District parents Nicole and Tim Coulter live near Stewart and have a child enrolled at Bon Air Elementary School, less than a mile on Leechburg Road from Stewart.

The couple worries about what will happen to the nearly 7 acres that comprise the 76,000-square-foot school building.

“What are they going to do with this space? Will it be commercial or residential? I worry. I see all the abandoned buildings we have in Lower Burrell and some are coming back, but I still don’t want to see this abandoned,” Nicole Coulter said.

The front portion of the Stewart property along Leechburg Road is zoned for commercial use and the rear portion is zoned for residential use, according to Lower Burrell Mayor Chris Fabry.

If the district proceeds with Stewart’s closure, the building would close by fall 2025 and the property would be put up for sale, Wagner said.

Not all parents are against Stewart closing.

Kelly Smith, whose daughter is in fourth grade at Stewart, said she understands the decision to close the school.

“The school is really falling apart and the closure is necessary,” she said.

Like other parents, her biggest concern is keeping fifth graders in an elementary school and not a middle school, where they might mix with older students.

“In my opinion, they go through different stages of life that I don’t want my 10-year-old to be exposed to.”

Wagner said most teachers in the district were in favor of moving fifth grade to Bon Air and keeping middle school between sixth and eighth grades.

The Pennsylvania School Boards Association, without commenting directly on plans involving Stewart, said whatever decision is made, it will be complex.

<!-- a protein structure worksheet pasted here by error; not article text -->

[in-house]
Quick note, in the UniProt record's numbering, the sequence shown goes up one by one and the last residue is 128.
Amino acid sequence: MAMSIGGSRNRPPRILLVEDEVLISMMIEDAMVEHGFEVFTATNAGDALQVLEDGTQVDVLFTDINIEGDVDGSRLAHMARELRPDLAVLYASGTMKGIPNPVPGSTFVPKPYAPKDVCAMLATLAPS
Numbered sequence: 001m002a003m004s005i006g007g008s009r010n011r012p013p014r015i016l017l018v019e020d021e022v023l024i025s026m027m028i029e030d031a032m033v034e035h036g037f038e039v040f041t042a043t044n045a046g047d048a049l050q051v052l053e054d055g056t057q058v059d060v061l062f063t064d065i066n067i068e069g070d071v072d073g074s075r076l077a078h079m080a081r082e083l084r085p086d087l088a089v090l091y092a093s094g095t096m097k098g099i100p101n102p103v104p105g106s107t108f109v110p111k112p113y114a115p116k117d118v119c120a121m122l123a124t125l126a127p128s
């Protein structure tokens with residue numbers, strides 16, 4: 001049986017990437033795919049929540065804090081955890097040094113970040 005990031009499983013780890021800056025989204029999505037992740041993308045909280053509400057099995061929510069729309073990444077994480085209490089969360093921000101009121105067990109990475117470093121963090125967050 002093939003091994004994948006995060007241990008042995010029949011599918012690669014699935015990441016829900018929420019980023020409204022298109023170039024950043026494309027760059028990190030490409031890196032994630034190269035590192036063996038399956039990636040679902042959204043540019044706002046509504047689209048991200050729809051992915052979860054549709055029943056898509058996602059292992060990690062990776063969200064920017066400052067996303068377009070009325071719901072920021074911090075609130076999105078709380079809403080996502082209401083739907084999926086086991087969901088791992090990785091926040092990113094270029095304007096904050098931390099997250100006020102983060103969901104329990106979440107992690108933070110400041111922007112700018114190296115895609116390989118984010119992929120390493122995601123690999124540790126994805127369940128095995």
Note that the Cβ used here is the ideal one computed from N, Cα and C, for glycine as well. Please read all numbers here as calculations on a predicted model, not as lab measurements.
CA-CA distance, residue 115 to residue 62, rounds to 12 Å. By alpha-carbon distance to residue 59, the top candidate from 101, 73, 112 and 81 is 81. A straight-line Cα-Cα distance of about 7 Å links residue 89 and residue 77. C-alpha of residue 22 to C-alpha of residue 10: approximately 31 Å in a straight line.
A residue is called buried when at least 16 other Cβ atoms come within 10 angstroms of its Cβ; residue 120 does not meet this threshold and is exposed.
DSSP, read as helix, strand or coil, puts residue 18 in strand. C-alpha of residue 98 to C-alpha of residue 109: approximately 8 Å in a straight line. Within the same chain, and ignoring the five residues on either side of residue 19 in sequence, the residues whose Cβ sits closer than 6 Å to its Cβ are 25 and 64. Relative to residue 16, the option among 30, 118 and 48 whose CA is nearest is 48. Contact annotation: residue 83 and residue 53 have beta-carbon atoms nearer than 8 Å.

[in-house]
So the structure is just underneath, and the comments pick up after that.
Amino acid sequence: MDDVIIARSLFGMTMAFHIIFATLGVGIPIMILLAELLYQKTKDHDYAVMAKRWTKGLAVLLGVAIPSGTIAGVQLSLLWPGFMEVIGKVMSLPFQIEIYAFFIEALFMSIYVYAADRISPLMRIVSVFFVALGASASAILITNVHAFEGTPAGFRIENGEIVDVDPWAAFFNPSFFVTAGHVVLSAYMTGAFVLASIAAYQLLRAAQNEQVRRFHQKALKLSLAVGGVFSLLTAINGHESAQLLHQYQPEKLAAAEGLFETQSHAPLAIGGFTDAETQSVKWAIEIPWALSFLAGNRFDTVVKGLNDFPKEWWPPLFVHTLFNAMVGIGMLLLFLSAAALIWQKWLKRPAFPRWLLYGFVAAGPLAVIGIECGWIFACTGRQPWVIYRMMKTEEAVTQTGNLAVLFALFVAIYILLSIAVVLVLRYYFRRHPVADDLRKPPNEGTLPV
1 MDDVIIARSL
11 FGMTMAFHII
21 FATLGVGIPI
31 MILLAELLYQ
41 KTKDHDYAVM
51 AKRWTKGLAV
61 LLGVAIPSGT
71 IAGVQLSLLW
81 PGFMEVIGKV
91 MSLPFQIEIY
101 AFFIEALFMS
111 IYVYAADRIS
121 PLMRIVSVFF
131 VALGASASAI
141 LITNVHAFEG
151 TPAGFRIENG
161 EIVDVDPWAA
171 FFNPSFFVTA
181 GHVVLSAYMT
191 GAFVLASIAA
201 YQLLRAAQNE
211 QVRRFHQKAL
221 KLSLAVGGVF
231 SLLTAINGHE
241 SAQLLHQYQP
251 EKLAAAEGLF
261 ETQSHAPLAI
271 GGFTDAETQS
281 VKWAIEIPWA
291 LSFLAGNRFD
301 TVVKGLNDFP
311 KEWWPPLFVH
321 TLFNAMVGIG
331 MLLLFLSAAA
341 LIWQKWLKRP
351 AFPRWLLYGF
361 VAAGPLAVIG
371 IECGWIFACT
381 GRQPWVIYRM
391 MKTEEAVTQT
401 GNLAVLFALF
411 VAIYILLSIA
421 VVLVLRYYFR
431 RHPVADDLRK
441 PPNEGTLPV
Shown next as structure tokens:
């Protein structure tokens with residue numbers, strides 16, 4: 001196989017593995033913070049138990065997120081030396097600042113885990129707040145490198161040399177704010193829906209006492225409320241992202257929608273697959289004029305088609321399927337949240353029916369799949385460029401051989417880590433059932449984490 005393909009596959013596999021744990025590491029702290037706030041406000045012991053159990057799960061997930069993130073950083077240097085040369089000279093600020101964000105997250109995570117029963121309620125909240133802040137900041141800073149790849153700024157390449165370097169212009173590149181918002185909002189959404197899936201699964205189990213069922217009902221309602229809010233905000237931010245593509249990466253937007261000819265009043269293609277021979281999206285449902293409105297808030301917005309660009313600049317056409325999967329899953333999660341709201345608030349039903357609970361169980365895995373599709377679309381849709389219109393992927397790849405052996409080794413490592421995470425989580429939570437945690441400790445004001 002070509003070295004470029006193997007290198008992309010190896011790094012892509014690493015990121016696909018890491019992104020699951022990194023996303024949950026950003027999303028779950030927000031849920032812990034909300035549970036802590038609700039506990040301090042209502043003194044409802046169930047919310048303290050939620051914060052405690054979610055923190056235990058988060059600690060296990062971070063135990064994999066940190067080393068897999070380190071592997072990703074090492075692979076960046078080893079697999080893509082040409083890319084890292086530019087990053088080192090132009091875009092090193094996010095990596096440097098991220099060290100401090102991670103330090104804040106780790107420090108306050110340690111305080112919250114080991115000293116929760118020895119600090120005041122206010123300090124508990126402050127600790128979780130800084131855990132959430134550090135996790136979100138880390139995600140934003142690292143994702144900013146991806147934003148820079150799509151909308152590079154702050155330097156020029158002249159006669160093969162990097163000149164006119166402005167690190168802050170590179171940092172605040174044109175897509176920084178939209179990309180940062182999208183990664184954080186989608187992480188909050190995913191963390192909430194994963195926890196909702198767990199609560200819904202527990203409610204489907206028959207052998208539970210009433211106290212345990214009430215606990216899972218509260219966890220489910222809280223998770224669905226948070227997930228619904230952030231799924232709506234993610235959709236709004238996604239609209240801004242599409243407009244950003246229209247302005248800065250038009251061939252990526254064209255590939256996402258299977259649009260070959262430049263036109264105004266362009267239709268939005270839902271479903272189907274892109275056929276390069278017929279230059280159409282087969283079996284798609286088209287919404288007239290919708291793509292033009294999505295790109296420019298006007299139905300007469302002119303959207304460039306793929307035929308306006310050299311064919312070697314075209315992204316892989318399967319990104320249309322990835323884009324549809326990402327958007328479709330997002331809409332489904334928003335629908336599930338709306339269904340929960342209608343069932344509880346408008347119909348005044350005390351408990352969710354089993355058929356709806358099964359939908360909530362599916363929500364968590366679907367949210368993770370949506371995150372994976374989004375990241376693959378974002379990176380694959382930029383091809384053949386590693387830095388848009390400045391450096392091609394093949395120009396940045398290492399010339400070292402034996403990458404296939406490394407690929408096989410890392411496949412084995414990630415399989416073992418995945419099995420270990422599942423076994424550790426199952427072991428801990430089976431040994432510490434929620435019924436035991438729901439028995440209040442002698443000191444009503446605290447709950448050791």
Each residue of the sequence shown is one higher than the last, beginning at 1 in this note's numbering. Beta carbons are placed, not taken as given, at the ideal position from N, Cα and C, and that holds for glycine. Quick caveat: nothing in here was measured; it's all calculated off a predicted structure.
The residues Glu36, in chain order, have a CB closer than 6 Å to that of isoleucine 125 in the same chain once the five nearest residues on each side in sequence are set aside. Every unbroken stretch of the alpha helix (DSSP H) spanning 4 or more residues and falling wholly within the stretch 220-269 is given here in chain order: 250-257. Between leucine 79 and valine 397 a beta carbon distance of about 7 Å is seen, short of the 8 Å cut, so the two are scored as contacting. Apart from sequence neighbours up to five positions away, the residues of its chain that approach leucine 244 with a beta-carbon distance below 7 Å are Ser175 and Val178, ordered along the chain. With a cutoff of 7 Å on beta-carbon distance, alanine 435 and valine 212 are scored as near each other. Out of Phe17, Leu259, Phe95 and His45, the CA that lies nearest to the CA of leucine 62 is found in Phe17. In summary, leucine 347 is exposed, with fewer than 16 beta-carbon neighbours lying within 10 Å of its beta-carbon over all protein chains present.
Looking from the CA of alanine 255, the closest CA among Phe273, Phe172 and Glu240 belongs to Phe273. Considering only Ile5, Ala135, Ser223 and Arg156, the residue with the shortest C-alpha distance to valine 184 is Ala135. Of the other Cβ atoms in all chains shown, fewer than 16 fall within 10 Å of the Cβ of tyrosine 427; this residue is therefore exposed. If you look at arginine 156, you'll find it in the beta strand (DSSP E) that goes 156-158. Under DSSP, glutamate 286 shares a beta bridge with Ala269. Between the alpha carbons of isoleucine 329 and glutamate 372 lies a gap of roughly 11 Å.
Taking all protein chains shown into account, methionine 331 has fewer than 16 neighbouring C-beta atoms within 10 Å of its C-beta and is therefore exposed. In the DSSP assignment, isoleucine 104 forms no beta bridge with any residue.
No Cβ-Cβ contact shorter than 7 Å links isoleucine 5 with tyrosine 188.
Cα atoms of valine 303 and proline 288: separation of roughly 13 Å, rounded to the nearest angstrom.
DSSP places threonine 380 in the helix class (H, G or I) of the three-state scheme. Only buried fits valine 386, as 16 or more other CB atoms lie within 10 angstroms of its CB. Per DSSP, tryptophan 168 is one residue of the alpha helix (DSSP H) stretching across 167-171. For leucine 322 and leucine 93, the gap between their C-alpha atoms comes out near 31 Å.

“School closures and school reconfigurations are incredibly complex and difficult decisions for school boards and school administrators because they impact virtually every aspect of district operations,” said Superintendent Mackenzie Christ. head of communications for the association.

Christ said factors the district will need to consider include enrollment levels and trends, academic programs and course offerings, age and condition of school buildings, transportation, staffing and finances .

District officials said Stewart’s closure would not result in any job losses, as employees would be moved to other buildings.

Wagner said the two options that would cause Stewart to close include paving in Bon Air to provide additional parking.

Regardless, Stewart’s closure would certainly affect nearby residents.

Nevada Street resident Beth Nury has lived across the street from the school for more than 37 years.

Nury and her neighbors first heard about Stewart’s plight Wednesday while reading TribLive. Since then, the entire street has been abuzz with what Nury describes as concern over their declining property values.

“I loved having a neighborhood school and our biggest concern is that it could be anything. What if it was a commercial activity? We have so many empty storefronts right now. I don’t think we need another one,” Nury said. “Plus, the $17 million to renovate Stewart is the least expensive solution to this problem. If this will solve the problem, then do it.

Nury has three children who attend Stewart and plans to attend the public meeting in June.

“I don’t want to see this become a big commercial land or a skyscraper built there. Our property values ​​could drop,” Nury said. “It’s very quiet here except for the children playing, and that’s a wonderful thing.”